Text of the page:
I recommend Maus to literally everyone -- its subject matter is far-reaching and accessible to many age groups, and it's an important case study in the argument for comics as art. Go give it a read!


JKC said...

One of the things I found so intriguing about MAUS was the way that Spiegelman depicts the people as animals (mice, cats, pigs, etc.) to represent the way we stereotype people, and then how he breaks it down later by drawing some characters inconsistently as one species or another and how he breaks it down even more in volume two by drawing them not as animals, but as people wearing animal masks. He even draws the reader's attention to it by explicitly talking about his shrink having pet dogs and cats and asking the reader flat out whether it is consistent with MAUS' overarching metaphor.

Erin Ann Thomas said...

You'll have to lend me this one over Christmas break! Well-written review.

Amanda said...

That's really interesting, the point you made about how the art is more evocative because of its simplicity. I've never thought about it that way, even though I guess that's the idea behind minimalism to some or a large extent, isn't it? Very cool.

I haven't read this yet, but Spiegalman is gonna be the keynote speaker at AWP in February so I'll have to be sure to read MAUS before then!

Cabeza said...

Spiegelman is going to be on the reading list for one of my classes next semester. I'm guessing it's going to be MAUS.

Good review, lad.

The Shark said...

JKC - thanks for that insight. I didn't feel like any characters were drawn inconsistently, but there are one or two parts where, for example, a pig isn't trusted simply because he's the only non-mouse in the camp. And unless I am recalling incorrectly, I believe Spiegelman only uses humans in animal masks at the beginning of volume 2 when he is recounting his experience of volume 1's critical success. I spent a few minutes thinking about the significance of this... I think you may be spot-on, though. The wearing of masks long after the Holocaust is over perhaps represents the lingering stereotypes we insist on creating for each other, seeing one another not as we are now, but rather based on events that transpired decades ago (it would be like meeting a German woman born in the 80s and not getting over the fact that her grandfather could have been a Nazi).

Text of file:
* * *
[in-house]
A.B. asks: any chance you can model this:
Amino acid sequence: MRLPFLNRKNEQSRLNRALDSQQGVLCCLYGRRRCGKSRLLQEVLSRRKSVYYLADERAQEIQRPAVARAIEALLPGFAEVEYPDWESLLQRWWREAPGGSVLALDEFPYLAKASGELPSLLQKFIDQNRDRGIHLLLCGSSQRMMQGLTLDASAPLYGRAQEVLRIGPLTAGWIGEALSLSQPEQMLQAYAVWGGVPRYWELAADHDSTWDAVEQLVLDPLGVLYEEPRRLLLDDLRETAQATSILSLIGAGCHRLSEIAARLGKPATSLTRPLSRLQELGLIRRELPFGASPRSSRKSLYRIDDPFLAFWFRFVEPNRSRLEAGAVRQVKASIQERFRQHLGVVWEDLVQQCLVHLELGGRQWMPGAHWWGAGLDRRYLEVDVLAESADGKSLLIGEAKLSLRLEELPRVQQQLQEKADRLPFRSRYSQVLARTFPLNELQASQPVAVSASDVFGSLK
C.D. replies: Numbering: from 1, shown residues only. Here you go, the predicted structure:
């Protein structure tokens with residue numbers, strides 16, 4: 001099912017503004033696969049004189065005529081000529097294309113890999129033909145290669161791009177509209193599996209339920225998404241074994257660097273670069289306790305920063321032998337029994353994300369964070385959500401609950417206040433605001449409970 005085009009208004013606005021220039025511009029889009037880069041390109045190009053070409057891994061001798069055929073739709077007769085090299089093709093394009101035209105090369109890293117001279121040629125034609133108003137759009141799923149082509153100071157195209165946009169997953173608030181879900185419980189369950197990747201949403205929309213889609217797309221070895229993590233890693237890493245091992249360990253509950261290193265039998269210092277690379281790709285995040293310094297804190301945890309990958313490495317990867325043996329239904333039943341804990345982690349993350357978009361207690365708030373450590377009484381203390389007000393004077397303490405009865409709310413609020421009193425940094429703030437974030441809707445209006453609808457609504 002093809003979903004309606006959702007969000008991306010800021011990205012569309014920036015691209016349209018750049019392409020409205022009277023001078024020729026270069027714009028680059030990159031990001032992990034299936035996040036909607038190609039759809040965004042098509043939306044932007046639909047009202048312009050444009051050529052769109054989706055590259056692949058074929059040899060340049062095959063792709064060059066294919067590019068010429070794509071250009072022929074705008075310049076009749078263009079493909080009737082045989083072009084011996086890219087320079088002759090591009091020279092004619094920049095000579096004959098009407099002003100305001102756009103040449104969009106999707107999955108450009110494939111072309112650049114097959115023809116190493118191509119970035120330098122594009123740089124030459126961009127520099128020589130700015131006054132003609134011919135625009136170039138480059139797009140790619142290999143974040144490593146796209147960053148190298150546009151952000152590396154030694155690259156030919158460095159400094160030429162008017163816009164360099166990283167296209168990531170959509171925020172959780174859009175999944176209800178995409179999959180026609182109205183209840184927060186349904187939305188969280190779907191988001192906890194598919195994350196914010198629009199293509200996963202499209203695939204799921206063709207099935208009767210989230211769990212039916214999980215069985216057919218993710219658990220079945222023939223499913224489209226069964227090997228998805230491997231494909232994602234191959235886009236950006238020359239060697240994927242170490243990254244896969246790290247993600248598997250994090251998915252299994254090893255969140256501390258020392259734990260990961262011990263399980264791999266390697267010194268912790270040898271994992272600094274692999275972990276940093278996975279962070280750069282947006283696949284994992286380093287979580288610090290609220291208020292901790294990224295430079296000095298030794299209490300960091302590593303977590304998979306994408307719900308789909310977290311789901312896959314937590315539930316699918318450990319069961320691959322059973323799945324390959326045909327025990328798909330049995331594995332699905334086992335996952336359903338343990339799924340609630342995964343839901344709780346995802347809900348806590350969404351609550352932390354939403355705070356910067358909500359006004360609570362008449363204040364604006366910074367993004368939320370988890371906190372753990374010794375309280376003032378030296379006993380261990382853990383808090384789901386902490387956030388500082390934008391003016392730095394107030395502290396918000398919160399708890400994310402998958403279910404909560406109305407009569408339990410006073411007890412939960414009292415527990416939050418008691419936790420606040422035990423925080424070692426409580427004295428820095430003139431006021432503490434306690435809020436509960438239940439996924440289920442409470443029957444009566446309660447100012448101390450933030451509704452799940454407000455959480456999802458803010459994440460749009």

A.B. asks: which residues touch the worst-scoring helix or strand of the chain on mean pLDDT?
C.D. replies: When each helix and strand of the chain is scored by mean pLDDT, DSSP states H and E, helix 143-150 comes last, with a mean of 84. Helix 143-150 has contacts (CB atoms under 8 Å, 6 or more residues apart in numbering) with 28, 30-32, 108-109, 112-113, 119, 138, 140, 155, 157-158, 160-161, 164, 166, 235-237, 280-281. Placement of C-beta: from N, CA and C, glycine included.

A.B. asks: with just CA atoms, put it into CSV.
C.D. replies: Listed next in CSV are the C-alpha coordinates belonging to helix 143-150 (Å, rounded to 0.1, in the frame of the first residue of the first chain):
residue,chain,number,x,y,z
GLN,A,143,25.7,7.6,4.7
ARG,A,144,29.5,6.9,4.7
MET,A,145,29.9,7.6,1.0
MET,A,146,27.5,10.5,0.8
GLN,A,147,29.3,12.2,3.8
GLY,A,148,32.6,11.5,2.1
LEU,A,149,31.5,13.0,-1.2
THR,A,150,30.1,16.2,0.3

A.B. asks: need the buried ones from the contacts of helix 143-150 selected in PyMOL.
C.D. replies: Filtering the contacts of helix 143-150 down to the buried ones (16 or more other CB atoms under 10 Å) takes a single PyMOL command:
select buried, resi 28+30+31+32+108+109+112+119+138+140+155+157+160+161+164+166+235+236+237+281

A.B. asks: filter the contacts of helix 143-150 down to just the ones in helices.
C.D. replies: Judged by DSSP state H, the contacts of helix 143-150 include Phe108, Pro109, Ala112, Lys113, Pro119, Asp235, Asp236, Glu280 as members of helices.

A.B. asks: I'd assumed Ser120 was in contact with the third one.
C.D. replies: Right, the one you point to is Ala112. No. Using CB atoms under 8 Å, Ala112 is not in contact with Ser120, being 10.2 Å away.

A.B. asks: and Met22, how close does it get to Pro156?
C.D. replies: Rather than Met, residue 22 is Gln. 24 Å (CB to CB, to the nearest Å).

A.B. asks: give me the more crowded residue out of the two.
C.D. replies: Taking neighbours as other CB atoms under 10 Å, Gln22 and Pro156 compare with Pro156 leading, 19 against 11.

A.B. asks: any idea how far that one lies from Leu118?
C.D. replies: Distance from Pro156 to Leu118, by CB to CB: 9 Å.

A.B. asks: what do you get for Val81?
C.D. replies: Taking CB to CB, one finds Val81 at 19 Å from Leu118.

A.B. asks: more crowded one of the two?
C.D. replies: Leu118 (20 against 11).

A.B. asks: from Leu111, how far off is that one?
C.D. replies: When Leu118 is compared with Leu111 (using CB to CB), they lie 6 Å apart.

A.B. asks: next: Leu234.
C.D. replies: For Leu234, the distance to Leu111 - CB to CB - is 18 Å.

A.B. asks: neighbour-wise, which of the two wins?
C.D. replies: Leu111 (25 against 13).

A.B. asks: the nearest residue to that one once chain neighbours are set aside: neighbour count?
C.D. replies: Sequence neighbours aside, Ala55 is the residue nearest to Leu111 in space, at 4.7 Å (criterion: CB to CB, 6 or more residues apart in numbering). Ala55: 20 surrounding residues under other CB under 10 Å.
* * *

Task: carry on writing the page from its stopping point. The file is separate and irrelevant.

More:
Erin - Consider it done. I also want Amanda to read it soon.

Amanda - Yes, minimalism is really interesting to study. There is a reason why children enjoy cartoons so much. It's funny because we, as a society, have labeled cartoons as a thing of immaturity, when in reality their simplified visual style often make for a more natural entrance into the narrative for the reader. Maybe it's not so much that children are being childish as much as it's that children are still making sense of the world around them and find cartoons/animation to be a natural outlet for catharsis and imagination.

Cabeza - Do it. DO it.

JKC said...

The part I'm remembering is where Vladek talks about there being one guy in the camp who claimed to be German, but who the Germans said was Jewish. As Vladek tells the story to Artie, we see it played out in the panels. In one panel he's drawn as a mouse, and in the next, he's drawn as a cat, but in the end, he is a mouse.

I think the point is that it didn't matter what the guy was physically, because the stereotypes were so strong that the basically became reality regardless of what reality really was.

It's also interesting how (I don't remember where in the book it is) when Vladek describes the Typhus epidemic in the camp, and talks about walking over bodies to get to the toilet at night, there's a long panel that's a close up of his foot stepping on the bodies. One body is a cat, one is a pig, and two are mice. But in the very bottom corner, right next to the text (which, I think, means that it is meant to be seen) there is a human foot.

Pretty interesting stuff. It's really one of the best pieces of holocaust literature out there.